Shelf Waters of Southern Madagascar IMMA
Size in Square Kilometres
18 575 km2
Qualifying Species and Criteria
Humpback whale – Megaptera novaeangliae
Criterion B (2); C (1, 3)
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The area encompasses the wide portion of the continental shelf waters and slope off Southern Madagascar. The western edge approximates the location of the town of Androka in southwest Madagascar and extends eastwards to Tôlanaro / Fort Dauphin, and extends seaward to encompass the upper half of the continental slope. This area contains important habitat for aggregations of breeding humpback whales and also represents an important portion of the migration route for this species in the region. Kernel density models demonstrate a breeding ‘hotspot’ in the waters off southern Madagascar for humpback whales satellite tagged off Reunion Island for both males and females with calf, although relatively more so for males, as well as for whales satellite tagged in the southwest of Madagascar off Toliara / Anakao. These ‘hotspots’ are observed to span the waters from the coastline out to the continental shelf edge on the eastern portion of the shelf and were used to delineate the eastern boundary of the area.
Description of Qualifying Criteria
Criterion B: Distribution and Abundance
Sub-criterion B2: Aggregations
The area represents an important aggregation area for breeding humpback whales. Aggregations were determined from kernel density models of satellite telemetry data to exist off Southern Madagascar, including south of Fort Dauphin extending seaward to the Madagascar Plateau (Dulau et al. 2017). The area is also used by whales tagged in southwest Madagascar (Anakao) and in the central east of Madagascar (Sainte Marie) (Cerchio et al., 2016).
Criterion C: Key Life Cycle Activities
Sub-criterion C1: Reproductive Areas
Satellite tracking data revealed new inferences on habitat utilization in Madagascar, with the central eastern and southern coast identified as areas with high concentrations of localized movements, and therefore main breeding habitats of humpback whales within the area (Dulau et al., 2017; Cerchio et al., 2016). When reaching Southern Madagascar, several tagged individuals switched to localised movement behaviour and remained in the area for up to 15 days (Dulau et al., 2017). Kernel density models derived from satellite telemetry data highlight breeding ‘hotspots’ on the eastern portion of the shelf, off Fort Dauphin (Figure 1b, Dulau et al. 2017). The similarly wide continental shelf area to the west also represents important breeding habitat for the species (Cerchio et al., 2016; Trudelle et al. 2016).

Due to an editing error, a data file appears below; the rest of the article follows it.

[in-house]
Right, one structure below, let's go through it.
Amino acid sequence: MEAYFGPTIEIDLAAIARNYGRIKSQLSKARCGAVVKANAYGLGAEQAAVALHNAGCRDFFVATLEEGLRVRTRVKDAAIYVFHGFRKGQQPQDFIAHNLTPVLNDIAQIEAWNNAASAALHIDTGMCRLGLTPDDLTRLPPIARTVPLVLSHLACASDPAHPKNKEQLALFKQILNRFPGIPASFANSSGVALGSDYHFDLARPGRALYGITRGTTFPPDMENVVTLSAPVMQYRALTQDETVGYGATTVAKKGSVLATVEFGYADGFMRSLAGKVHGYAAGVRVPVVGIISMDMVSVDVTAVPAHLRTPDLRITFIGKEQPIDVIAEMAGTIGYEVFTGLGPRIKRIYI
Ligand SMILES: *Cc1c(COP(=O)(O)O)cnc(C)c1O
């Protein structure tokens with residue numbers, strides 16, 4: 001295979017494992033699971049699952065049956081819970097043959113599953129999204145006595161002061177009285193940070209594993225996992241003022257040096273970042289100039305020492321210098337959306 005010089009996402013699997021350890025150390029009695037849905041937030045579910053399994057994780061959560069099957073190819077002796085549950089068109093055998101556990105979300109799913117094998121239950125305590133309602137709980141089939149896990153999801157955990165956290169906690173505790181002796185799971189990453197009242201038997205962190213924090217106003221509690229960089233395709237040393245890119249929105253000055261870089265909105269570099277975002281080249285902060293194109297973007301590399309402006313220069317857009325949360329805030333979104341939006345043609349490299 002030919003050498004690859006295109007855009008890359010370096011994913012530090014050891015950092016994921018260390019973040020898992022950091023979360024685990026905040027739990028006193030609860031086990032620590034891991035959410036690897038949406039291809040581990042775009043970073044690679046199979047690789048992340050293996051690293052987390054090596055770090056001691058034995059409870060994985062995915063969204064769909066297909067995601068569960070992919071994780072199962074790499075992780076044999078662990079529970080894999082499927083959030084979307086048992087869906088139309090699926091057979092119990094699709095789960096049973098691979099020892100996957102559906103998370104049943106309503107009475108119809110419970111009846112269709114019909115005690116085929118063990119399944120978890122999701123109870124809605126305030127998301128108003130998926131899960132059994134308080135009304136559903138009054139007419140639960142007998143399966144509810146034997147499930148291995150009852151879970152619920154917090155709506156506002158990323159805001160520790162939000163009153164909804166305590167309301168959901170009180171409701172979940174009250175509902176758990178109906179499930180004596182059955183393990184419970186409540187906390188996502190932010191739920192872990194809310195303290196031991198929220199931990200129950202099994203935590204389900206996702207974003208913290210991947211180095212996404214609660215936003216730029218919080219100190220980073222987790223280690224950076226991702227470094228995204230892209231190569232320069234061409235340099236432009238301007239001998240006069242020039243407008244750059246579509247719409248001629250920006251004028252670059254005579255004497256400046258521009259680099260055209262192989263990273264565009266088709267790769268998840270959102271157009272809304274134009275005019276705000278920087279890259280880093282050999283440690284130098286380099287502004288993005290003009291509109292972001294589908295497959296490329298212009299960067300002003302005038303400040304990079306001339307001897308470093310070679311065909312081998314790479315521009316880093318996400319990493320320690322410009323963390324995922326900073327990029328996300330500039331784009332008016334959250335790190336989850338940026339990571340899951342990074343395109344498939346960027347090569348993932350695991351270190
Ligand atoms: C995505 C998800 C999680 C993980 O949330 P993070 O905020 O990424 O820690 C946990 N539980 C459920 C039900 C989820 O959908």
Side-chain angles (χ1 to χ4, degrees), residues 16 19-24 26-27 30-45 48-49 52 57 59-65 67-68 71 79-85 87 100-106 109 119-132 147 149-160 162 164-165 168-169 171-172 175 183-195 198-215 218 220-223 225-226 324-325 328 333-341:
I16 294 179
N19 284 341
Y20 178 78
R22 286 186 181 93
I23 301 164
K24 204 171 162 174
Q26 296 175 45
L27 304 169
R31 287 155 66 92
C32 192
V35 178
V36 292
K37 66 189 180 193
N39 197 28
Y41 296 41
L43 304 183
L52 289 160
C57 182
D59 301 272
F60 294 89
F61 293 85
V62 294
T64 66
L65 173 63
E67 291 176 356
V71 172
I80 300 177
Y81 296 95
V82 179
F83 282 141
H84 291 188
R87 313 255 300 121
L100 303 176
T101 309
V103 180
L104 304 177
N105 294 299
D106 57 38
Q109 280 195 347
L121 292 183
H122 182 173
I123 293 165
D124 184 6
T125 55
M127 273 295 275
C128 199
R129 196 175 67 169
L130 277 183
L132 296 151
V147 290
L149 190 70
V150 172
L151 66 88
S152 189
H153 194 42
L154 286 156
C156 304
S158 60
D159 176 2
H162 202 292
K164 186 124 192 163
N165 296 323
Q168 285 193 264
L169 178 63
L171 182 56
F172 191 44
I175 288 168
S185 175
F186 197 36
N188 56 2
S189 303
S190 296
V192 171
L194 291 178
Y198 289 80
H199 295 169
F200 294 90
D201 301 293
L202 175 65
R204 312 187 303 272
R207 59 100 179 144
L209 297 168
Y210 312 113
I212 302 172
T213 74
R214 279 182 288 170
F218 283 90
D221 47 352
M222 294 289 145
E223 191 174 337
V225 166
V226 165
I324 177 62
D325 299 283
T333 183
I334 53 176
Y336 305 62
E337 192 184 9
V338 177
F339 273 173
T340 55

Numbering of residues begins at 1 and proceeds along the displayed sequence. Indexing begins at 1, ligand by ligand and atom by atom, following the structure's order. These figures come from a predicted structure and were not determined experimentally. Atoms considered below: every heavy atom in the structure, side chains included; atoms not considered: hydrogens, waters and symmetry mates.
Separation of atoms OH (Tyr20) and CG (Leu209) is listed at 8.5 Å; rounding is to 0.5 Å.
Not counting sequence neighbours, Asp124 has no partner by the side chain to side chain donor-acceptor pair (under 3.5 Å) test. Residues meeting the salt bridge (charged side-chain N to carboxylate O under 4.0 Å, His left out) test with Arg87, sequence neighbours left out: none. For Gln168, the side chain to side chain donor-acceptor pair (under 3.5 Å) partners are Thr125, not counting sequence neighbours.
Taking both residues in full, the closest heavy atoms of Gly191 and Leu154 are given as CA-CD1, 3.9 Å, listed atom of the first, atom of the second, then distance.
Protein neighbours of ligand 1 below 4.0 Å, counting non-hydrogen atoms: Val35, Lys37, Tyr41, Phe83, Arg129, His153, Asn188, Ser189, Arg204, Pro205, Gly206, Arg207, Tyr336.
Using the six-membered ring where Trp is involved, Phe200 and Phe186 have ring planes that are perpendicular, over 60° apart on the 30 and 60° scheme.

Sub-criterion C3: Migration Routes
There are multiple sources of evidence of extensive humpback whale movements and genetic connectivity between the area of southern Madagascar, other areas surrounding Madagascar, as well as areas off east Africa and the Mascarenes (Rosenbaum et al. 2009; Ersts et al. 2011; Fossette et al. 2014; Cerchio et al. 2016; Trudelle et al. 2016; Dulau et al. 2017; Kershaw et al. 2017). More broadly, the area falls within the migratory stream of Breeding Stock C whales as they commute annually between productive feeding areas in the Southern Ocean and warmer wintering grounds off East Africa, the Comoros Archipelago, Madagascar, and the Mascarenes.
Cerchio, S., Trudelle, L., Zerbini A.N., Charrassin, J.B., Geyer, Y., Mayer, F.X. et al. 2016. ‘Satellite telemetry of humpback whales off Madagascar reveals insights on breeding behavior and long-range movements within the southwest Indian Ocean’. Marine Ecology Progress Series, 562: 193–209.
Dulau, V., Pinet, P., Geyer, Y., Fayan, J., Mongin, P., Cottarel, G. Zerbini, A.N., and Cerchio, S. 2017. ‘Continuous movement behavior of humpback whales during the breeding season in the southwest Indian Ocean: On the road again!’ Movement Ecology 5: 11 [online]. Available at: DOI 10.1186/s40462-017-0101-5
Ersts, P.J., Pomilla, C., Kiszka, J., Cerchio, S., Rosenbaum, H.C., Vély, M. et al. 2011. ‘Observations of individual humpback whales utilizing multiple migratory destinations in the south-western Indian Ocean’. African Journal of Marine Science, 33: 333–338.
Fossette, S, Heide-Jørgensen, M.P., Jensen, M.V., Kiszka, J., Bérubé, M., Bertrand, N., and Vély, M. 2014. ‘Humpback whale (Megaptera novaeangliae) post-breeding dispersal and southward migration in the western Indian Ocean’. Journal of Experimental Marine Biology and Ecology, 450: 6–14.
Kershaw, F., Carvalho, I., Loo, J., Pomilla, C., Best, P.B., Findlay, K.P., et al. 2017. ‘Multiple processes drive genetic structure of humpback whale (Megaptera novaeangliae) populations across spatial scales’. Molecular ecology, 26: 977–94.
Rosenbaum, H.C., Pomilla, C., Mendez, M., Leslie, M.S., Best, P.B., Findlay, K.P., Minton, G., Ersts, P.J., Collins, T., Engel, M.H. and Bonatto, S.L. 2009. ‘Population structure of humpback whales from their breeding grounds in the South Atlantic and Indian Oceans’. PLoS One, 4(10) [online]. Available at doi:10.1371/journal.pone.0007318 (Accessed: 1 February 2010)
Trudelle, L., Cerchio, S., Zerbini, A.N., Geyer, Y., Mayer, F.X., Jung, J.L., Hervé, M.R., Pous, S., Sallée, J.B., Rosenbaum, H.C. and Adam, O., 2016. Influence of environmental parameters on movements and habitat utilization of humpback whales (Megaptera novaeangliae) in the Madagascar breeding ground. Royal Society open science, 3(12) [online]. Available at https://dx.doi.org/10.6084/m9.figshare.c.3593711 (Accessed: 3 January 2017)